Today I tried something new and it didn’t pan out. I’m writing this exactly twelve hours after my last post, the post that failed. I followed all the blogging rules, used great SEO techniques, involved the community, shared the post gracefully and got great google search results. People were commenting and engaging with me, I was in my element sharing my passion but the numbers weren’t there. I’d spent hours searching for and collecting appropriate Instagram examples, researching Apps incase there was something better out there than what I was using and composing the post into bite sized parcels of information making it easier for the reader to take it all in. I did it all, I did everything but it didn’t work. If I rode my analytics stat chart like a roller coaster, today I would have gotten a nose bleed on the swift and dismal descent. It was heartbreaking to watch but I couldn’t seem to look away.
“Maybe it shouldn’t have gone live on a Monday, I should have saved the post for Thursday or maybe the timing was all wrong and I shouldn’t have posted it late in the morning and waited until my usual evening rush. Maybe the post was too long or my grammar was screwy. Maybe my own outfit photos didn’t really showcase the best I could do, maybe I should have waited and taken better ones. Maybe I shouldn’t have written until 02:00am. Maybe the information was too vague and the post wasn’t that helpful. Maybe I should have just done a video documenting how I go about doing outfit photos myself. Maybe I don’t really have anything to offer. Maybe I shouldn’t do anymore How To’s as they don’t come as naturally for me, maybe they can sense it.”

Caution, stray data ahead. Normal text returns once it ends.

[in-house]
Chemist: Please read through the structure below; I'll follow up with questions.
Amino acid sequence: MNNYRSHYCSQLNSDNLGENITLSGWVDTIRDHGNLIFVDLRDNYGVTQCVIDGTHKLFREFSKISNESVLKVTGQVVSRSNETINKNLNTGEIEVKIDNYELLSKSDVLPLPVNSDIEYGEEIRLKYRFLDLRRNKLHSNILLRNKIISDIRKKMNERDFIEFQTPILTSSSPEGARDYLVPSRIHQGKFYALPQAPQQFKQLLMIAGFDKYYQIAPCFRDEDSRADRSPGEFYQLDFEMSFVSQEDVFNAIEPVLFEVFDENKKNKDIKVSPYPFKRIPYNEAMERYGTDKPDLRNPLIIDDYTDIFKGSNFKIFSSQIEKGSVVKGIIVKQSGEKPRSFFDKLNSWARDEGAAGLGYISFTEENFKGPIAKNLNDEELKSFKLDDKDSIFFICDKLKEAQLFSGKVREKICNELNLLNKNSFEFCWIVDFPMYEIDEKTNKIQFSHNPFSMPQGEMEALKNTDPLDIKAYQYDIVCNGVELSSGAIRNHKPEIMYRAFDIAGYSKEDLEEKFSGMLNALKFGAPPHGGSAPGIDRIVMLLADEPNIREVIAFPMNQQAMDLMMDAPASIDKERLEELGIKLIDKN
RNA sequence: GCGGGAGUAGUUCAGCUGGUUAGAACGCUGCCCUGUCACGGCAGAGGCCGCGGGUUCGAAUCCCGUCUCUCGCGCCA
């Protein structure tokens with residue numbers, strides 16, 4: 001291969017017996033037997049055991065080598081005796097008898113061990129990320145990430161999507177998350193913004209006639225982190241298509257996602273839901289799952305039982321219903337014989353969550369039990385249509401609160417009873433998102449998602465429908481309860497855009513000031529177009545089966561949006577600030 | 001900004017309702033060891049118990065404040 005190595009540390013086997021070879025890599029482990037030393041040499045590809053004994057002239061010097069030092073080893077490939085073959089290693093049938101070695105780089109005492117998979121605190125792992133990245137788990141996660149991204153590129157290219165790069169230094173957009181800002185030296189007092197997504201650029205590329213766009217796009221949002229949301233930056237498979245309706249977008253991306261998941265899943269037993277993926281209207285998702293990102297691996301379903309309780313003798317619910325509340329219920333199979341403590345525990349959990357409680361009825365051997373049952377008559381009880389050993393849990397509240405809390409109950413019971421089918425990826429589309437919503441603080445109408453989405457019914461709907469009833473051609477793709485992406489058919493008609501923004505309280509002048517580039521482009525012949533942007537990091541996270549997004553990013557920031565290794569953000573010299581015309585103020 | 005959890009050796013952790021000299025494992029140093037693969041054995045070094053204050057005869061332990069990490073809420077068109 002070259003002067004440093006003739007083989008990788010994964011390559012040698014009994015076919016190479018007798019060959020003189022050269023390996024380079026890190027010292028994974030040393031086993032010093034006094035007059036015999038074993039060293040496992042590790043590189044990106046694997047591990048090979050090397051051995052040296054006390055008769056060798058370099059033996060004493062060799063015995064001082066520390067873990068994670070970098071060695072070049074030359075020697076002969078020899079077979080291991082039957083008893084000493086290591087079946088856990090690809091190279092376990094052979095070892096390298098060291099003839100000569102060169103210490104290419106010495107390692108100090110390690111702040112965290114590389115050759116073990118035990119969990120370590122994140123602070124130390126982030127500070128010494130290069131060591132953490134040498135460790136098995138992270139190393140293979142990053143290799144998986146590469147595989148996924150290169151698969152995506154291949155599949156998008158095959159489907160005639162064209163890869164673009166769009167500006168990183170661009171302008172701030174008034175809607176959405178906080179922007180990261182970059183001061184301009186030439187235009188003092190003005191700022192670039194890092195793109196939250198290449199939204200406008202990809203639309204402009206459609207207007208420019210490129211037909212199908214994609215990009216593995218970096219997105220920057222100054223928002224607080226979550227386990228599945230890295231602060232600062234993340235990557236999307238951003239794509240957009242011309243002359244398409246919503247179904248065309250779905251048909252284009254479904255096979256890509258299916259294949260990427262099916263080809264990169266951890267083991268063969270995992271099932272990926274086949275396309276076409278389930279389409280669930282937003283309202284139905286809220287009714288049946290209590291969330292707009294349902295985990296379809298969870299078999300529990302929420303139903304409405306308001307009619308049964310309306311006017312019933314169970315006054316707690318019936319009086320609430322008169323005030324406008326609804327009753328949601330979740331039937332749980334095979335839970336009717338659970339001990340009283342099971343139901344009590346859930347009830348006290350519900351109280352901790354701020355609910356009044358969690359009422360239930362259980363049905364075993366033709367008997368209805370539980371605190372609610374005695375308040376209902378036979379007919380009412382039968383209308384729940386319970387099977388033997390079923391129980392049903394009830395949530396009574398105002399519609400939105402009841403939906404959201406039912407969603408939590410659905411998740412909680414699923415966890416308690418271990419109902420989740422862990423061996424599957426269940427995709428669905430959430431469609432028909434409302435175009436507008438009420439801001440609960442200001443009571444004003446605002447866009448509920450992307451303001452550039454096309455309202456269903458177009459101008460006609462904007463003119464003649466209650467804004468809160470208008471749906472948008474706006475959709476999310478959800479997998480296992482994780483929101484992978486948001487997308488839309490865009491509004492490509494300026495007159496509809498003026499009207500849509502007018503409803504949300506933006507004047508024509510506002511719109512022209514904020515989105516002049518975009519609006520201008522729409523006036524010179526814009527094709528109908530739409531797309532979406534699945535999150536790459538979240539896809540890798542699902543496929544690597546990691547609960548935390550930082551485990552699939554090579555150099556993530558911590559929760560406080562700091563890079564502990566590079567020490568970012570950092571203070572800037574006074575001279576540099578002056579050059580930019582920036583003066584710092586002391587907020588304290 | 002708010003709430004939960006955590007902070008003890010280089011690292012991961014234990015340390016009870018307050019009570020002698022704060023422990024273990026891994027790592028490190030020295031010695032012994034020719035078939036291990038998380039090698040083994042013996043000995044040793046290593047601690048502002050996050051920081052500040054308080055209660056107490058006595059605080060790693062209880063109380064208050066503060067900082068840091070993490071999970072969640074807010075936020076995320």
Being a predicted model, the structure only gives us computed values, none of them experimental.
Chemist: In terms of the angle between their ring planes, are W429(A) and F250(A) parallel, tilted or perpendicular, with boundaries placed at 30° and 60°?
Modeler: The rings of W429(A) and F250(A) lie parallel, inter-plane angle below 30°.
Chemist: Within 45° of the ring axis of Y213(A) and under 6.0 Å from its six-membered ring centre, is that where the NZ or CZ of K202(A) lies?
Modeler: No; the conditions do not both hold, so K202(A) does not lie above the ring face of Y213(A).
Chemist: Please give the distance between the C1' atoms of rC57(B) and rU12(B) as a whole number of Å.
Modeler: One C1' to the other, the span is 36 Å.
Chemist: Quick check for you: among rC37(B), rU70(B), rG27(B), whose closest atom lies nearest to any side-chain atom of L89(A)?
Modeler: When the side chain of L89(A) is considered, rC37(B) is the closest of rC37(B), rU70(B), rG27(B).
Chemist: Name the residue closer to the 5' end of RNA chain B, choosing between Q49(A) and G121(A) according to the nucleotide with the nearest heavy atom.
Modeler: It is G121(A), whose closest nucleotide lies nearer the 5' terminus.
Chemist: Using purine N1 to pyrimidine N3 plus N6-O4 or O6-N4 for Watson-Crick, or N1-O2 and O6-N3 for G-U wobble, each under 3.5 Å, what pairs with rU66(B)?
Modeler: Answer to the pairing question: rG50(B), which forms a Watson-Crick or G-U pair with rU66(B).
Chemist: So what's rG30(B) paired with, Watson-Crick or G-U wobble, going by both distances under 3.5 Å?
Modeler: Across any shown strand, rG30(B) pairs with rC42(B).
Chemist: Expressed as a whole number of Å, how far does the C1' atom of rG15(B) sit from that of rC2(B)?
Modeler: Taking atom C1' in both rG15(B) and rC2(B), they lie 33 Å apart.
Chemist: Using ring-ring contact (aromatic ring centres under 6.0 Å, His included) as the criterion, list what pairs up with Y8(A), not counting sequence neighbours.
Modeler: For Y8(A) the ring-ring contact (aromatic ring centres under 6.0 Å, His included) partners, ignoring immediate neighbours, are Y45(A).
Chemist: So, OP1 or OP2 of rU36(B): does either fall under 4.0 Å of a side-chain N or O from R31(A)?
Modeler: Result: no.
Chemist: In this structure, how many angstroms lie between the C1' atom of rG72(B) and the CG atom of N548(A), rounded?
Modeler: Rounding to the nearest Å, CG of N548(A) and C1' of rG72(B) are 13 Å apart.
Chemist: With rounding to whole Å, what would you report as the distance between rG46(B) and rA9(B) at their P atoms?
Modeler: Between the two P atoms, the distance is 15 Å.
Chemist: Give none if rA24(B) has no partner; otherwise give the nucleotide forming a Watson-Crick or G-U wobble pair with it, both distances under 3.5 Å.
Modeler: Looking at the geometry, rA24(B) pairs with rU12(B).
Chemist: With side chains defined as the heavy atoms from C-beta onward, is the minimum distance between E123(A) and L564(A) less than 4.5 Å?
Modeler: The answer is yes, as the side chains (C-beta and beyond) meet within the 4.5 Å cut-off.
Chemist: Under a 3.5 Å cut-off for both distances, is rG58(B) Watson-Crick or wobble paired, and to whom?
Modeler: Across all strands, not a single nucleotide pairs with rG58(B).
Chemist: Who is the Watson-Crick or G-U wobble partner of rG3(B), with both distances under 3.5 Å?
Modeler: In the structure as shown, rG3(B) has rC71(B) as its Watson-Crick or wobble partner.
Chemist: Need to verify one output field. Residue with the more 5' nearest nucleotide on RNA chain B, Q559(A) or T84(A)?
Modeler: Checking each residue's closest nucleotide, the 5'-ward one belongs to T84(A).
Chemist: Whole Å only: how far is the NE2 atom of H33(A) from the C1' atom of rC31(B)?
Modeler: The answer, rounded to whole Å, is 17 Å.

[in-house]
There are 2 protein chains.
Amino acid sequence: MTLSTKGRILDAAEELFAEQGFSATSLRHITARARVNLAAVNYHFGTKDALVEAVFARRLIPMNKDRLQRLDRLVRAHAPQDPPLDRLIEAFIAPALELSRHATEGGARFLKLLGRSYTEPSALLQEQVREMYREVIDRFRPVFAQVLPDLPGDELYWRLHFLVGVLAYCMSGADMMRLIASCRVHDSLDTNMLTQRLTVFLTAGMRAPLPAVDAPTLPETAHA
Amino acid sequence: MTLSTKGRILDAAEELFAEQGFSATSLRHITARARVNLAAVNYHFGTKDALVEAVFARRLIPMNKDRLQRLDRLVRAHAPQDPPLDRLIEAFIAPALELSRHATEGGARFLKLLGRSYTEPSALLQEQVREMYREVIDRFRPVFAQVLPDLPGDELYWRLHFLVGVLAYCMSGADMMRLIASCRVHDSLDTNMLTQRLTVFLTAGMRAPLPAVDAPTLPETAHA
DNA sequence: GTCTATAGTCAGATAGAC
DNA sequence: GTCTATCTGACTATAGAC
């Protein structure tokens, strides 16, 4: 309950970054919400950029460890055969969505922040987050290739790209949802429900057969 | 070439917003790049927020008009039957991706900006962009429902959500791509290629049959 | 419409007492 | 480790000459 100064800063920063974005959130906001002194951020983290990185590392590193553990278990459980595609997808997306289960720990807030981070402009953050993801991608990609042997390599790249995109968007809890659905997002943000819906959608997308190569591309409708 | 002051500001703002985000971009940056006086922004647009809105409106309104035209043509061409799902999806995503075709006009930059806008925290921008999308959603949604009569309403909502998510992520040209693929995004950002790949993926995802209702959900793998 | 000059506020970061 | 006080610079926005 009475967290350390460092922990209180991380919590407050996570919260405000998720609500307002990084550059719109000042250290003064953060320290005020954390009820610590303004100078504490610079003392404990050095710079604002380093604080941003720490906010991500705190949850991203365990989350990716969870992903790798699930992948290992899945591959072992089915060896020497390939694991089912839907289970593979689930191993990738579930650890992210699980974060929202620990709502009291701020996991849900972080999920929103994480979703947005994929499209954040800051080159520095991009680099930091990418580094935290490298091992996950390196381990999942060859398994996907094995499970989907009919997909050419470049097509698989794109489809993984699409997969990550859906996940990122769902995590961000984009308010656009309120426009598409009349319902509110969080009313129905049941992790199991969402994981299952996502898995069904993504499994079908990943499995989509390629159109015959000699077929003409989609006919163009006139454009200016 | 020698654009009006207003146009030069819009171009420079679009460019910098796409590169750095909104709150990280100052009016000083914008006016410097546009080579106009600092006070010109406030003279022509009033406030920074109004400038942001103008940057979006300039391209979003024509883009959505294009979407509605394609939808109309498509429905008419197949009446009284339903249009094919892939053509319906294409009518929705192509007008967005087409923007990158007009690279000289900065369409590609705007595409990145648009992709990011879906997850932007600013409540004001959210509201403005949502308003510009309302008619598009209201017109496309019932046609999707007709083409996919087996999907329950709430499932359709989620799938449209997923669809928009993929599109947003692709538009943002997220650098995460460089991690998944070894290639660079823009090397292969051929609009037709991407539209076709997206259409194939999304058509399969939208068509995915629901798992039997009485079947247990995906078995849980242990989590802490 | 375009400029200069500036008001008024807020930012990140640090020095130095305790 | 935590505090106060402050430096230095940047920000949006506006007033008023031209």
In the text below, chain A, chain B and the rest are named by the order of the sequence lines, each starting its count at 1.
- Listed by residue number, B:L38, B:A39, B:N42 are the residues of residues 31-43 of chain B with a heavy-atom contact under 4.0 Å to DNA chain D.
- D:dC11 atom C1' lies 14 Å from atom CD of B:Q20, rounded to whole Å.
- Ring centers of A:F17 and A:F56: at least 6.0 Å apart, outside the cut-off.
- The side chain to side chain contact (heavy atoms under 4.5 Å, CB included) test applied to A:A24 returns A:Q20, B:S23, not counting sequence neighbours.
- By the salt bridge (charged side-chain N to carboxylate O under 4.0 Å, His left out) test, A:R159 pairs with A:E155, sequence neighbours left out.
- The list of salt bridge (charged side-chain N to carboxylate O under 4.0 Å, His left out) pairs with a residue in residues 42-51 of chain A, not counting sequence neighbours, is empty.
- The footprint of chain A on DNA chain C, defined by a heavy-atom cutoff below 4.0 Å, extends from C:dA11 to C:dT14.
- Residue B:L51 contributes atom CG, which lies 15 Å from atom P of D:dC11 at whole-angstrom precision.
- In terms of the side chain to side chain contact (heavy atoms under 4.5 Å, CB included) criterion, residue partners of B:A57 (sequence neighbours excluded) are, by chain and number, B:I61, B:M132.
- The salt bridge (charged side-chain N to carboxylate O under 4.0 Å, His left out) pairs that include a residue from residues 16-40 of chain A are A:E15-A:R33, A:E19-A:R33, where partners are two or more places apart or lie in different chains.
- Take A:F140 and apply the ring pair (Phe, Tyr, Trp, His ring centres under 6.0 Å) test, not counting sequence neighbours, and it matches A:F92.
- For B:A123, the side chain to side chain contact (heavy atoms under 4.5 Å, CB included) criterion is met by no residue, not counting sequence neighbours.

Maybe’s have been flying about my head all day, I couldn’t wrap my head around the posts lack of stat success. I incorporated everything I’ve learnt from other people about blogging and it showed no results. A post like this was meant to fly off the chart after being written. I questioned myself, I questioned my friends and sought out truths that were hard to swallow. “How To’s are popular“, I said “People go to the internet to find information and I’m providing something that no one else has on this topic, I’m providing answers and a place to ask questions, I had to do it.” and one reply (gentle and very well meaning in it’s delivery) slapped me right across the face: “You don’t have to do it though… so just do what you love.”.
I paused, blinking at the screen trying to process what they said. I love instagram, it’s a part of my daily life more so than twitter and facebook combined. I’m inspired by images of the everyday, the way each person views the world a different way and the insights those little square photos give us into peoples lives and emotions. How could I not love sharing what I’ve learnt, Instagram totally rocks my boat, it’s my thing.
After thinking about it and thinking about it some more I realised that maybe, just maybe I didn’t enjoy writing the post after all. That the reason it took hours to write was because I was forcing it so the words didn’t flow through my fingers as they usually do. I felt uncomfortable being the teacher. I was trying to be instructional but the way I write best is when I’m emotive, when I’m journaling my life, my passions and events, when I’m reaching out for a common understanding. That’s when I realised I’d fucked up. When a post about tantrums (essentially a block of my brains ramblings which took only a few minutes to write with only one pretty picture on top) is ten times more successful in traffic and reader engagement… you can’t help but stop, look around and ask yourself why you’re trying so hard in the first place.